During my high school years my aunt thought it would be best if I associated with the people from the other side, the one percent. So on weekends she took me along with her to her house in Roodepoort. In that house I would get the opportunity to shake hands with some of the country’s brightest minds and of course their offspring, along with their servants.

I actually didn’t mind spending afternoons with a bunch of kids from Sandton. I had a good time and fit right in like I was one of them. They all welcomed me with open arms, probably because I spoke their language so well.

After the one percent introduced me to their world, I started talking more like them and having the same opinions as them. And the more time I spent with them, the more I lost touch with things back in Tsakane. I started caring about saving the pandas, even helping to come up with ideas to raise funds. I even participated in executing those ideas. I forgot all about the thousands of black and coloured faces in Tsakane that could use the money that we were giving away to pandas.

Even though I was doing well in school, my behaviour changed and I did as I pleased, nobody could tell me a thing: I knew my rights – the rights I learned about from the one percent. I would come back and trade stories with the kids from Roodepoort and they would laugh. They said they would like to see their mothers or grandmothers try to put their filthy hands on them, they would call their lawyers and sue their parents and grandparents for everything they had.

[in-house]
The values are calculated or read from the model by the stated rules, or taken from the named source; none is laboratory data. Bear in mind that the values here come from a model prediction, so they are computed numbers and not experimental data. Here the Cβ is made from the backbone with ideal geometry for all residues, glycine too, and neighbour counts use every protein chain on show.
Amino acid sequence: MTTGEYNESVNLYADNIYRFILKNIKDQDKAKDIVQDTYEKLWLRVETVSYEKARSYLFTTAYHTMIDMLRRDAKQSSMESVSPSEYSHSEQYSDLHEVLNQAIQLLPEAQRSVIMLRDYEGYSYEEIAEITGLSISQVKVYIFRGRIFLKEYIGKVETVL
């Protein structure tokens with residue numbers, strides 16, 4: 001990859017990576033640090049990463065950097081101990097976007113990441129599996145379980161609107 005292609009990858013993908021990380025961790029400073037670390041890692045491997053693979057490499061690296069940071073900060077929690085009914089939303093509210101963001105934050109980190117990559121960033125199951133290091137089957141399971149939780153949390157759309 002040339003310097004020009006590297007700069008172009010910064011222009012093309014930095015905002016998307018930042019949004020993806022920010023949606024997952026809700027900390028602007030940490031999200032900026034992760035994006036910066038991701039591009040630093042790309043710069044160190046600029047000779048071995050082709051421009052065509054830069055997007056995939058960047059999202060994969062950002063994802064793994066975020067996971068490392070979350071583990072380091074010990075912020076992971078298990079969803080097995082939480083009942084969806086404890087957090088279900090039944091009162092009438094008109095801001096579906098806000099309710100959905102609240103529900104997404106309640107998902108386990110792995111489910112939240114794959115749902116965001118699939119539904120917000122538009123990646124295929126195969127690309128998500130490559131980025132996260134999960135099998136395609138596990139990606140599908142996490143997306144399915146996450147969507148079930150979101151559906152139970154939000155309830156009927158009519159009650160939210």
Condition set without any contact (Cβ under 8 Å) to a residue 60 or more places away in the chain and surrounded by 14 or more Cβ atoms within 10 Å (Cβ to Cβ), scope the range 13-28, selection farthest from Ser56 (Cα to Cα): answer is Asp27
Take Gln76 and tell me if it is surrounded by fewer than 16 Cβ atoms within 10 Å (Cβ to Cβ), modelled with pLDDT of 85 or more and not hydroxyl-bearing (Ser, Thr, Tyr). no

It was actually after a series of incidents at school that I came to change my ways. And maybe all those ass whoopings I got from my mother for trying to be a smarty pants helped.

One day, after the one percent laughed at my stories once too often, I thought to myself, I couldn’t dare sue my mother or grandmother mamTshabalala: what if they couldn’t come up with the money and got sent to prison. Do you know the hiding I would get for pulling a stunt like that?

I actually felt my behind itch a little, in anticipation.

I told the one percent about what I thought, and their response was that the ghetto was a lost cause. Except to me it wasn’t. Those people were my family, my brothers and my sisters my aunts and uncles.

I was ready to put those people in their place and give them a real piece of my mind. I wasn’t going to let them tell me something like that. But I calmed myself and managed to locate my aunt and tell her what happened. We left immediately and never looked back.


Tell us: What do you think of the realisation that Chris came to?